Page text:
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Henry Nwokearu V. The State (SC.227/2011, 24 MAY 2013)

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➥ CASE SUMMARY OF:
Henry Nwokearu V. The State (SC.227/2011, 24 MAY 2013)

by Branham Chima.

➥ ISSUES RAISED
Murder
Automatism

➥ CASE FACT/HISTORY
Appellant was charged with the offence of murder contrary to Section 319(1) of the Criminal Code Cap. 30 Vol. II Laws of Eastern Nigeria applicable in Imo State before the Mbano/Etiti Judicial Division of the High Court of Imo State sitting at Etiti.

The particulars of the charge read thus: “Henry Nwokeoru on the 25th day of February, 7994 at Umuogele, Umuariam, Obowo in the Mbono/Etiti Judicial Division murdered Felix Onuoha.”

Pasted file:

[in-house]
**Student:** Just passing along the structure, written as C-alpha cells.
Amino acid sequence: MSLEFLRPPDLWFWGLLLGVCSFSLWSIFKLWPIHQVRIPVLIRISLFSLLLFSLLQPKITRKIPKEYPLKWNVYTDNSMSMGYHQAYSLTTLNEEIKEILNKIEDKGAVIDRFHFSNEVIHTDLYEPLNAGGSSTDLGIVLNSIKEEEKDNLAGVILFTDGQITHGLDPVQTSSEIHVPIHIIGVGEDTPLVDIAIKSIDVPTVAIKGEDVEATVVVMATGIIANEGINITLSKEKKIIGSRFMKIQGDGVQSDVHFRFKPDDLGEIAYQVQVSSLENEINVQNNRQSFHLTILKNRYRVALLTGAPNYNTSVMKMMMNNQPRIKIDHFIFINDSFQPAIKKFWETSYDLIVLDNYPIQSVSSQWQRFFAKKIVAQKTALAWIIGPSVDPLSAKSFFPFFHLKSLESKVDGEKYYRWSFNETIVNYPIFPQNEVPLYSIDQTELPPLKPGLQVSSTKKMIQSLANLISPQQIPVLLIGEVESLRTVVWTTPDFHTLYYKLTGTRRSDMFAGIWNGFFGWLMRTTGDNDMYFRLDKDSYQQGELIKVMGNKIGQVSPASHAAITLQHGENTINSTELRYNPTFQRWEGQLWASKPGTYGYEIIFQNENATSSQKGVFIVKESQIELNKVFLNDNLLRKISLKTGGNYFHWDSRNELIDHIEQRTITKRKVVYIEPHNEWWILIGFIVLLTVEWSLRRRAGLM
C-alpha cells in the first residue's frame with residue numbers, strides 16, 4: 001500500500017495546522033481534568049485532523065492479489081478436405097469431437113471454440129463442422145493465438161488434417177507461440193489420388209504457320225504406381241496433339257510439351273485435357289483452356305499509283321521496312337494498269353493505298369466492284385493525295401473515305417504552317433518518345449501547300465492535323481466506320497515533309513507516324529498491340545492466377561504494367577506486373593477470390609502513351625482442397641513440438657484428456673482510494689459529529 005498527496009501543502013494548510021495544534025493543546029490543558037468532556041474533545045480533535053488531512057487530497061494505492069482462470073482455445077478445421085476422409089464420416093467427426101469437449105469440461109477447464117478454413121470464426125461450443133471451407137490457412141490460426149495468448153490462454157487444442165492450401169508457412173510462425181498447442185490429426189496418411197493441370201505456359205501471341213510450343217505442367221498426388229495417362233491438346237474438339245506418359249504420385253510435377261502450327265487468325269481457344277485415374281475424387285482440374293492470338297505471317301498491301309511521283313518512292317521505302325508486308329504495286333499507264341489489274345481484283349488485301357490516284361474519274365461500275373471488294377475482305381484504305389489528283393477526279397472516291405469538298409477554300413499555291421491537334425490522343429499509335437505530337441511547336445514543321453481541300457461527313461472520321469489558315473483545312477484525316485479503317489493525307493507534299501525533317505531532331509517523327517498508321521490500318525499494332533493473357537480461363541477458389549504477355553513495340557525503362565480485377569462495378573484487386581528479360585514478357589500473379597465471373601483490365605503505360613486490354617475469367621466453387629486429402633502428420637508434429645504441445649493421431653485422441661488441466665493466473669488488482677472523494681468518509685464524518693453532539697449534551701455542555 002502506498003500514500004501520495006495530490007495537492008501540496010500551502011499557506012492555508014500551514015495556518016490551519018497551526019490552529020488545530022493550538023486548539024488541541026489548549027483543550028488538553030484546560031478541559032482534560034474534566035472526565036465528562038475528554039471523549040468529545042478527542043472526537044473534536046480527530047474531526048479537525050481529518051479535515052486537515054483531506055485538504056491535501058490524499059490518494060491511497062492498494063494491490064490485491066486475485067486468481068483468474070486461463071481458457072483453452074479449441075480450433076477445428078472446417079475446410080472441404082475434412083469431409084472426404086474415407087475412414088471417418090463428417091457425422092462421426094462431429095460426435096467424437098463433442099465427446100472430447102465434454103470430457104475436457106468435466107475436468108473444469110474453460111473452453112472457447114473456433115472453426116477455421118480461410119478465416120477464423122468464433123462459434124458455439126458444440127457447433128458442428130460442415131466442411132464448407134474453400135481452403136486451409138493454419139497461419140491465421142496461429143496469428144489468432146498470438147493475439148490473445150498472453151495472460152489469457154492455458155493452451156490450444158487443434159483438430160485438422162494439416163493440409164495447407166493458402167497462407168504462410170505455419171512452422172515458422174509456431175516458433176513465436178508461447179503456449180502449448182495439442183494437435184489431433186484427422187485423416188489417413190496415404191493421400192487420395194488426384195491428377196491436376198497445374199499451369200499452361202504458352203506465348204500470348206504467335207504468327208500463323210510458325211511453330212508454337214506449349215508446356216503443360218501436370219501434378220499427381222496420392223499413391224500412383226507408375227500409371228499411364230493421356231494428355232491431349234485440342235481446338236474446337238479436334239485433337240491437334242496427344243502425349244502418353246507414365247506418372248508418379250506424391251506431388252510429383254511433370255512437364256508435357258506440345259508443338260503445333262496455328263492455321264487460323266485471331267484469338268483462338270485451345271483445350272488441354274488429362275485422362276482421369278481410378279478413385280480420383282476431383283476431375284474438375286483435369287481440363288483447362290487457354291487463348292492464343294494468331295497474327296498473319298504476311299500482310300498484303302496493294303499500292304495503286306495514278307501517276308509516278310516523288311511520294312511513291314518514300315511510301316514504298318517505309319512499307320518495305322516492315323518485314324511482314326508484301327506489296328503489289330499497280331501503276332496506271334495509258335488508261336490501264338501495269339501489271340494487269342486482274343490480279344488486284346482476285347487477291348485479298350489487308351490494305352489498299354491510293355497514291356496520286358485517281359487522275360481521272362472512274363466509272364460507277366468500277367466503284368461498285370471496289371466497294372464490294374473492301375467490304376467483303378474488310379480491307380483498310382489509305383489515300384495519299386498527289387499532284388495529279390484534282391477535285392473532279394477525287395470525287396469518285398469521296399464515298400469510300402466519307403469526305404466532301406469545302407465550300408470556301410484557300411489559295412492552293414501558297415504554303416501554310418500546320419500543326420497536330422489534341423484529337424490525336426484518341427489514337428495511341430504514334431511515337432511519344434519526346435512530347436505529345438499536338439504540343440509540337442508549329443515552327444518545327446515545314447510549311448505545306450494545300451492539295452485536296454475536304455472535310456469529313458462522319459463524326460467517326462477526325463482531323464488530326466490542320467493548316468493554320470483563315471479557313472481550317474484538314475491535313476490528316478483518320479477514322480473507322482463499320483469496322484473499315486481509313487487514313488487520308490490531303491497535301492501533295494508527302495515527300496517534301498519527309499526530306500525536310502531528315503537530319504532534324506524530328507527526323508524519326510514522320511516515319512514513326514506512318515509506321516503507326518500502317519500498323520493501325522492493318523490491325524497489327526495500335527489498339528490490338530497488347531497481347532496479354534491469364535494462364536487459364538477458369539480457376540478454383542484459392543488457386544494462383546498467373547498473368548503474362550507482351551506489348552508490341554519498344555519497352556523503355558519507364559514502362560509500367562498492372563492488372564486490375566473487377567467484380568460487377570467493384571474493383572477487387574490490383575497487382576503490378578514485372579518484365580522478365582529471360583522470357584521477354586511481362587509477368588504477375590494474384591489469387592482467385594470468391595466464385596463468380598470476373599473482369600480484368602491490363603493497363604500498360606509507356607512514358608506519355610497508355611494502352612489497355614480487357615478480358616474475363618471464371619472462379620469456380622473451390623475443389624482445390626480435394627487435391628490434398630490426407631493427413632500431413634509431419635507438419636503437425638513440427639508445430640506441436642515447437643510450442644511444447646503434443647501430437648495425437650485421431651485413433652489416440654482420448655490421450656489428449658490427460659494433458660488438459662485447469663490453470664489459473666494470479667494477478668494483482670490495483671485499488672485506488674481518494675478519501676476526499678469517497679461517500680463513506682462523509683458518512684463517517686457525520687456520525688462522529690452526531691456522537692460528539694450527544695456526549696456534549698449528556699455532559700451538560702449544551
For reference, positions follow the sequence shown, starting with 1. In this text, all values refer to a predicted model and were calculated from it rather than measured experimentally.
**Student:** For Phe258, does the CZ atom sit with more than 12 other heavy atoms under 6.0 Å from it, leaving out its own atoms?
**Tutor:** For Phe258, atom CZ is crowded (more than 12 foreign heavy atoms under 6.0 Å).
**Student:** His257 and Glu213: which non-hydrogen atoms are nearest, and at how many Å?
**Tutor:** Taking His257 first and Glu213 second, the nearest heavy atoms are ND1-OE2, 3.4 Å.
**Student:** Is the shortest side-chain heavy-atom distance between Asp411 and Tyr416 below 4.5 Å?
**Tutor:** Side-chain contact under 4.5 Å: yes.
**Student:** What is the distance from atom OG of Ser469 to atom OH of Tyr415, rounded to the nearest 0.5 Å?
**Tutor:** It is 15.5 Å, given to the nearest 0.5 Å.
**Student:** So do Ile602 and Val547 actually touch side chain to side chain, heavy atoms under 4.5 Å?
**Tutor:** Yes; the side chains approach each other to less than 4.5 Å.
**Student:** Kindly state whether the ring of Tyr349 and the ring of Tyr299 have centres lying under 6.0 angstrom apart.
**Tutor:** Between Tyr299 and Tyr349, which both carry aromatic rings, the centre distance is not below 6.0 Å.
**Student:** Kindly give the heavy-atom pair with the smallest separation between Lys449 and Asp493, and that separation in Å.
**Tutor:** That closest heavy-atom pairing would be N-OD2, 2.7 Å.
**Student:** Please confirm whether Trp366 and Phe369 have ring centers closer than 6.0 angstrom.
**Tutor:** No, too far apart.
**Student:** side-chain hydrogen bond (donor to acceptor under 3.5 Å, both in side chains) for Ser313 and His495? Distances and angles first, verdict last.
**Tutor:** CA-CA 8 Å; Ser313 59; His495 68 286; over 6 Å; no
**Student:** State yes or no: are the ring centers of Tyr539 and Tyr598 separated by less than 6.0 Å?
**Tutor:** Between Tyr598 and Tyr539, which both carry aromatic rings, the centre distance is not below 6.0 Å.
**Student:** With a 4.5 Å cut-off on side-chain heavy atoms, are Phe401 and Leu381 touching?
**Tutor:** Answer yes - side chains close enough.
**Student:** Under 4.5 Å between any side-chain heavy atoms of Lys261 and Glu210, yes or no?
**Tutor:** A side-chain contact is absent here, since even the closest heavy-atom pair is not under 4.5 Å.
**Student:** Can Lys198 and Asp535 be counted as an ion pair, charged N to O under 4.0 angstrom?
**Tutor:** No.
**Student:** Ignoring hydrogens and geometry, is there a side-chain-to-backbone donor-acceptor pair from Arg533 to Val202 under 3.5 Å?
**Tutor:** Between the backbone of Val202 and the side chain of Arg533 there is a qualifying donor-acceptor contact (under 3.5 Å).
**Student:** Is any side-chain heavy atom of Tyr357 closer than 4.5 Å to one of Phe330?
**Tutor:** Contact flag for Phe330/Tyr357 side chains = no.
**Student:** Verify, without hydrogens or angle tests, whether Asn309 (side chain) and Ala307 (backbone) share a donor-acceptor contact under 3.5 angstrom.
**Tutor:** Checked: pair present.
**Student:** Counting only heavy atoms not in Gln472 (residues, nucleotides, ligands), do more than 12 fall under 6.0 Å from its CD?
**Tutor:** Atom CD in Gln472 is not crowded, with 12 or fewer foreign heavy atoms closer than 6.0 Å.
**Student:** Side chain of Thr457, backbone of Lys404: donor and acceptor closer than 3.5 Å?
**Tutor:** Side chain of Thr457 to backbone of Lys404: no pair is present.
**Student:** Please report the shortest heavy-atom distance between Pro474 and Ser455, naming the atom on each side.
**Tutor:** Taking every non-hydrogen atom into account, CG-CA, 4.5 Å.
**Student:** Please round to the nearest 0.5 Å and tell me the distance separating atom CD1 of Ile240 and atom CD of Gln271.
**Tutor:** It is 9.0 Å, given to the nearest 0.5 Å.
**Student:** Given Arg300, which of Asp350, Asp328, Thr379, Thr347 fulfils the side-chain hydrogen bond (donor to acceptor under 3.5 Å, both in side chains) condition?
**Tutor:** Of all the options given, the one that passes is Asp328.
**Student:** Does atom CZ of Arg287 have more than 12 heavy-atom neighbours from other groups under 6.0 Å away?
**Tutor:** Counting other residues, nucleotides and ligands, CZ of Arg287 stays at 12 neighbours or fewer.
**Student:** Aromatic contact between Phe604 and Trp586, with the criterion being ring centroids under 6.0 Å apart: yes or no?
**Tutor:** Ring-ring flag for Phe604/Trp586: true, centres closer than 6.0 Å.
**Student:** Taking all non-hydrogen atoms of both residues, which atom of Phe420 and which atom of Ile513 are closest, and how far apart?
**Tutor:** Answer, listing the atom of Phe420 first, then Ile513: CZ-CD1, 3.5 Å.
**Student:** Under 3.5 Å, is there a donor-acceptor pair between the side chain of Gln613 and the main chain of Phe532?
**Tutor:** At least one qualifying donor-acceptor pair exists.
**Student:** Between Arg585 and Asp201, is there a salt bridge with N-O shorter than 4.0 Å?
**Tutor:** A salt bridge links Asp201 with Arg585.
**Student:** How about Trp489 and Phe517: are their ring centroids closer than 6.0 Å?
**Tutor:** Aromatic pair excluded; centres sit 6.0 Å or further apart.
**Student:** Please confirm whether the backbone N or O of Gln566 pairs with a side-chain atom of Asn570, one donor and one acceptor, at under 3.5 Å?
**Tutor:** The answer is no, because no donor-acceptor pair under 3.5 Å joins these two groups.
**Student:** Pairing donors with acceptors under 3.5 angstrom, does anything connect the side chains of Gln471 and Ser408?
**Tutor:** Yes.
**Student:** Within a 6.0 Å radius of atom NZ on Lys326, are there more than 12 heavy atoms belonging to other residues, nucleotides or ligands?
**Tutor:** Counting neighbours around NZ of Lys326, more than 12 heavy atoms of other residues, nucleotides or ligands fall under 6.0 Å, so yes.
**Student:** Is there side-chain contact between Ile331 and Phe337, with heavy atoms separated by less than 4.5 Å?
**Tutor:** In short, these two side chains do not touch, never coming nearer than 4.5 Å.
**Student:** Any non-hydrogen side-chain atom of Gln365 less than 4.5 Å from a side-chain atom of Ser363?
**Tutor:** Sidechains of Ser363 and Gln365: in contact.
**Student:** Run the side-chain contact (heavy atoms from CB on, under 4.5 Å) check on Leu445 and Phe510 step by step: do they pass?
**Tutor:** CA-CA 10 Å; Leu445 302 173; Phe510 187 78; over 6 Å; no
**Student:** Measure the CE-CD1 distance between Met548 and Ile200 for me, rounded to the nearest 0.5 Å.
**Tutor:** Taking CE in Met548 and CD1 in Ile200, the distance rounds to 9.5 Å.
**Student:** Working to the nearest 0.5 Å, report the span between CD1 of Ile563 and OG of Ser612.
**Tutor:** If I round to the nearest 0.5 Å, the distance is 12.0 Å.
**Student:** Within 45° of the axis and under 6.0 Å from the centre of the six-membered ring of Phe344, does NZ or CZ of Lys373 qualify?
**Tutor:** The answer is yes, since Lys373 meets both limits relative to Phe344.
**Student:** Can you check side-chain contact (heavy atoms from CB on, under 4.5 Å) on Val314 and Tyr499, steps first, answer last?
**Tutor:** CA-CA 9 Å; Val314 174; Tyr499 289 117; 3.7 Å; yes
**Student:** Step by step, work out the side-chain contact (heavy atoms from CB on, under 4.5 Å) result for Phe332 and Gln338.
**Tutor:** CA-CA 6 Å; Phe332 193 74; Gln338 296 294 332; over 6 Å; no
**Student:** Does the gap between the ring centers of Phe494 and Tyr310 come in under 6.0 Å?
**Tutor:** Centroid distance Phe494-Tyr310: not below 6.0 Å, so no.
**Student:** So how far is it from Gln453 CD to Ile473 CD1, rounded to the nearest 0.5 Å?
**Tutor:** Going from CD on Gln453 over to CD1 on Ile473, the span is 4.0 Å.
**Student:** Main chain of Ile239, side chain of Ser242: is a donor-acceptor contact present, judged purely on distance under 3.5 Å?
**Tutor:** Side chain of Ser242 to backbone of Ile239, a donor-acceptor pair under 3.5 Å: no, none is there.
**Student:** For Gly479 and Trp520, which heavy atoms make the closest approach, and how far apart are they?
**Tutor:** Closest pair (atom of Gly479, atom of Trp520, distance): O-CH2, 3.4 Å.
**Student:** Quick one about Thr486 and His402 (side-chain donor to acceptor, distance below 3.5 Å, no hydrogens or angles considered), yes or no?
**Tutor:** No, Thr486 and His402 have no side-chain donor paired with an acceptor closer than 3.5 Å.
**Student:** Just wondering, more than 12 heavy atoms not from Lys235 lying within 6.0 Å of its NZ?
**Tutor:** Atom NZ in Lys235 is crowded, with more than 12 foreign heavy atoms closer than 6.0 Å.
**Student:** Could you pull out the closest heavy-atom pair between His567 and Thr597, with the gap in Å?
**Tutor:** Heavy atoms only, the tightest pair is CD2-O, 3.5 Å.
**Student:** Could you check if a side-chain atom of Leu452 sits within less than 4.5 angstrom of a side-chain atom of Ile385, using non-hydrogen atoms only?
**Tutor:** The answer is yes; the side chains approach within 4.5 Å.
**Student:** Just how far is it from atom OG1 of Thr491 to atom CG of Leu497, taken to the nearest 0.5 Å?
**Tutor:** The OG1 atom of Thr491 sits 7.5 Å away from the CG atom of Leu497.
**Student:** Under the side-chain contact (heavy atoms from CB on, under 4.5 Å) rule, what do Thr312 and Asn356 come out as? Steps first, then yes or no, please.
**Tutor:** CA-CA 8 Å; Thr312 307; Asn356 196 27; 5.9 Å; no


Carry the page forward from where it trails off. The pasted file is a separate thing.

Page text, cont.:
Appellant pleaded not guilty to the one-count charge on 27th June, 2001. The prosecution opened its case before Agugua, J. on 14th January, 2002, called six (6) witnesses and closed its case on 3rd February, 2003. Defence opened on 5th February, 2003. The appellant testified as PW1, called two other witnesses as DW2 and DW3 and closed his case on 14th May, 2003. Learned Counsel for the parties addressed the trial Court.

In his judgment delivered on 19th November, 2003 the learned trial Judge took pains to review the evidence led on each side and the addresses of learned Counsel for the parties and concluded: “From the totality of the evidence before me I am left in no doubt as to the role of the accused Henry Nwokeoru.

I accordingly find him guilty of murder as charged.” and sentenced him accordingly.

Appeal to the Court of Appeal was dismissed.

➥ ISSUE(S) & RESOLUTION(S)
[APPEAL DISMISSED]

I. Whether the Court below was not wrong in failing to set aside the judgment of the trial Court in the absence of proof of specific intention to commit the offence of murder for which the appellant was charged and convicted?

RESOLUTION: IN RESPONDENT’S FAVOUR.
[THE TRIAL JUDGE FOUND THAT INTENTION WAS ESTABLISHED